Amit Geron

Split House by Pitsou Kedem Architects features a central courtyard wrapped in a checkered blanket of wood and steel.

The Split House is a 500sqm, 6 bedroom residence in the city of Savyon, Israel, designed by Pitsou Kedem Architects.

As the name implies, the home features a central green court yard with landscaping by Mor Avidan landscape architecture that ‘splits’ the house into functional sections. The home also features a notable checkered facade of wood and steel that envelopes the home, lending a distinct visual character while offering shade and privacy for the interior spaces.

Project Description

The sunken yard – usually meant to allow light into a basement floor and mostly placed at the fringes of the plot – is this house’s central motif. Measuring 25m long, 5m wide and almost 7m high, it sits in the heart of the structure and divides the house into three sections: one with the private bedroom facing the street; one with the living room and master bedroom facing the backyard; and between them, a section with the internal double-level yard that extends the entire length of the building.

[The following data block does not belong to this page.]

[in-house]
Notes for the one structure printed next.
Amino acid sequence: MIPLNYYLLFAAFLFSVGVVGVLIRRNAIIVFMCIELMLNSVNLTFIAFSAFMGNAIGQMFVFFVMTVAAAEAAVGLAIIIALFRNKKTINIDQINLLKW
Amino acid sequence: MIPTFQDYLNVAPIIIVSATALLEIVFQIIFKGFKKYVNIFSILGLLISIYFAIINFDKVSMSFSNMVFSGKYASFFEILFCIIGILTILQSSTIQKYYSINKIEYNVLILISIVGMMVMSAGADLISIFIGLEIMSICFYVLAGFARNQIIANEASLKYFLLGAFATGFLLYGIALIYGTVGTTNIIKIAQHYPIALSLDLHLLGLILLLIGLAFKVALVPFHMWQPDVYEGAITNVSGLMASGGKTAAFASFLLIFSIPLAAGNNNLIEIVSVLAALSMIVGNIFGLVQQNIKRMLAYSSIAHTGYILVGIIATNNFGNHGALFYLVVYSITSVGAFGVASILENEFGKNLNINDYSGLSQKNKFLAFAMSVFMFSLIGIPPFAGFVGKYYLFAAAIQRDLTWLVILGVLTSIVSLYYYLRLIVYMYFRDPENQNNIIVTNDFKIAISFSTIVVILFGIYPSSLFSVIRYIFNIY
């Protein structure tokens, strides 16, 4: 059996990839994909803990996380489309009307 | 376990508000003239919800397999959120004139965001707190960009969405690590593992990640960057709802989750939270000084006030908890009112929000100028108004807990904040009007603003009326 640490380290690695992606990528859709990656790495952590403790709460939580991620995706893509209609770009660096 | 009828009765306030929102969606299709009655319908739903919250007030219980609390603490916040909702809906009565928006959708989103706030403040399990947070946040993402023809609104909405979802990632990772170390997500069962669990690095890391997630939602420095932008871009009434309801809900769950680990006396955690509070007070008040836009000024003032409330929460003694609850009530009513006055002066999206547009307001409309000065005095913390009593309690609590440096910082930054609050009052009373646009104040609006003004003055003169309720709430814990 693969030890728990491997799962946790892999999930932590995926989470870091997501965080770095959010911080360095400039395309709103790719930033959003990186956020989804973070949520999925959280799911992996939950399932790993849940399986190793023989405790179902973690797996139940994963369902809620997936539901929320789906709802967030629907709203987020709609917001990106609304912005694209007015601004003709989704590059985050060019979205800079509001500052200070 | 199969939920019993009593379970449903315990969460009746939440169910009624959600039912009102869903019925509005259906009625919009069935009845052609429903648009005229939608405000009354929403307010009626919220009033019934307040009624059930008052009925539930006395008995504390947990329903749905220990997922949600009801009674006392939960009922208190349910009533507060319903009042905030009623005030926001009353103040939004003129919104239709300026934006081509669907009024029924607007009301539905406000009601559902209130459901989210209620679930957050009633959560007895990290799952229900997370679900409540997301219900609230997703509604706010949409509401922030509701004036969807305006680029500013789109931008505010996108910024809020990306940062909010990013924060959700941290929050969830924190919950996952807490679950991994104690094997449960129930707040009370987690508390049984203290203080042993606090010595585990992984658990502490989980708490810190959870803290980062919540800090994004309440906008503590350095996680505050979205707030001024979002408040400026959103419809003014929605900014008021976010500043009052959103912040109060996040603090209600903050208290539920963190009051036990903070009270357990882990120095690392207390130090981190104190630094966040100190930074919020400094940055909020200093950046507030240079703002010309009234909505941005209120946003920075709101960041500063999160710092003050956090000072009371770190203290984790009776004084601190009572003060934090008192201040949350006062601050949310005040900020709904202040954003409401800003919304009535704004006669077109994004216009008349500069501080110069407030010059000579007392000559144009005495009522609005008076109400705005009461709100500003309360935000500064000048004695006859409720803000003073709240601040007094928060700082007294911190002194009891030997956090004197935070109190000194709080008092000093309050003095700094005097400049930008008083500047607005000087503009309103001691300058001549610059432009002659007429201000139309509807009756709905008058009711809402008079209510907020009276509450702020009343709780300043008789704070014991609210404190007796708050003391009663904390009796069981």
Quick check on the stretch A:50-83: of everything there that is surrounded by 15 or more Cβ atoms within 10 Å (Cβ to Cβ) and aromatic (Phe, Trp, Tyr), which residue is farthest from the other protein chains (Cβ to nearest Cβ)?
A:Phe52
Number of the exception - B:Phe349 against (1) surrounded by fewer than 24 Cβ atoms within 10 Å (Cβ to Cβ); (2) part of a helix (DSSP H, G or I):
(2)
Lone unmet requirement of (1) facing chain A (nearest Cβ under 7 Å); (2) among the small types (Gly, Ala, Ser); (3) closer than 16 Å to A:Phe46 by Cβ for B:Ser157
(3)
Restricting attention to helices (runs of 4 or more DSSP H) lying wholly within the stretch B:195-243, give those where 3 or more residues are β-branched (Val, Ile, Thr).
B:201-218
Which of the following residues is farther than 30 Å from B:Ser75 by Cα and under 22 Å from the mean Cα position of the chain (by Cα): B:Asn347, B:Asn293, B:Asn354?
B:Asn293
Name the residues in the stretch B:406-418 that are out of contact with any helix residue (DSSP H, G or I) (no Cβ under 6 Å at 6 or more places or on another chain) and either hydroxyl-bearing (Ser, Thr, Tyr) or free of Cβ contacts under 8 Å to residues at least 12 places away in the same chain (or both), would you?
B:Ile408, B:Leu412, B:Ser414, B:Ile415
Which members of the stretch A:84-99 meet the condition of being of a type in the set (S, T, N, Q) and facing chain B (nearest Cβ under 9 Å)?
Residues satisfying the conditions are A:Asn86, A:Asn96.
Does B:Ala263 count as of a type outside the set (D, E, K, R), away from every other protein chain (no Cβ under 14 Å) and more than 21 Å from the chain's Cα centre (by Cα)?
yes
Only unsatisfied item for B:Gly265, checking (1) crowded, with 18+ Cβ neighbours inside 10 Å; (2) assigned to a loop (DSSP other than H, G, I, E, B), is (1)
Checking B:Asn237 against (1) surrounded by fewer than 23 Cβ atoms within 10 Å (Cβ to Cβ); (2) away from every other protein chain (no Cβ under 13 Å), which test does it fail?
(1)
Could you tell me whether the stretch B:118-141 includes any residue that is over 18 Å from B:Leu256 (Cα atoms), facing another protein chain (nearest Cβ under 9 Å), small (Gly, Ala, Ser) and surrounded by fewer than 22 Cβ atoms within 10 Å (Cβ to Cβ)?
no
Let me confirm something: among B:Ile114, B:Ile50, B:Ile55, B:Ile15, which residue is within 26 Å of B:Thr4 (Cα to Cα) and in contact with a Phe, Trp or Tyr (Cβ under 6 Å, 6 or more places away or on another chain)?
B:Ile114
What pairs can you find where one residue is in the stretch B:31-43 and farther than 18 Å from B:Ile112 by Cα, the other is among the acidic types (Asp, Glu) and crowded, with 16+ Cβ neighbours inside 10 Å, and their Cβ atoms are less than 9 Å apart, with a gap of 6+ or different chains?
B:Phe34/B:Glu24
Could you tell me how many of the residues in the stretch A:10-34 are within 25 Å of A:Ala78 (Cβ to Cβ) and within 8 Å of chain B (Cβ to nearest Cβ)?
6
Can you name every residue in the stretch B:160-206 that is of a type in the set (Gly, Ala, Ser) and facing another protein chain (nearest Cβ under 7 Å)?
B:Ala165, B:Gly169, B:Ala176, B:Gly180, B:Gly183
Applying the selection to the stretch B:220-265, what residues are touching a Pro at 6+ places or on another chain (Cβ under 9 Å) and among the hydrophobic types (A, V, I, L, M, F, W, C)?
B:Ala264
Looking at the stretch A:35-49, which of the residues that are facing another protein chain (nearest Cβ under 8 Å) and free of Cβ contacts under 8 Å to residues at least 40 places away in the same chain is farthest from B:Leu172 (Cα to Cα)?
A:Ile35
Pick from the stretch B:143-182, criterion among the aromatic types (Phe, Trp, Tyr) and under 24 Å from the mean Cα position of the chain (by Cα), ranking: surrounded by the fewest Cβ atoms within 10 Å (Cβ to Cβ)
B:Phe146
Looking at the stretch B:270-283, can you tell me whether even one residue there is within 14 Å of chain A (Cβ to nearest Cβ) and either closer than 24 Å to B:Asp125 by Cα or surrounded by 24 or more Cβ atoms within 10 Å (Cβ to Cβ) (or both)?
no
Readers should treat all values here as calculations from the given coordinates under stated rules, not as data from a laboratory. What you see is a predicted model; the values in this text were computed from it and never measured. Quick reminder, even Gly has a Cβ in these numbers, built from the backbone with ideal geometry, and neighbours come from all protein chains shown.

Two bridges crossing the yard at the top floor connect the sections. The first leads from the front door entrance and allows a view of the entire space. On one side the living room and yard, on the other, a long hallway linking the children bedrooms. The second bridge connects the private and shared areas and incorporates a staircase leading to the basement floor.

A recurring grid of 2000 x 300 x 40 mm panels made of solid wood and iron envelops the yard, the house walls, and the yard roof, even folding over to create shading. This paneled grid conceals the windows and doors, including the main entrance door that leads to the internal yard and living room, and the doors connecting the master bedroom and family room to the surrounding yard (in these exists the square’s concrete envelope protrudes 4m out to create shading.)

The grid is present also in the plastered yard walls that conceal the master bedroom and other areas. It appears in different variations throughout the house – for example, in the wine bar and in the wall facing the street. 

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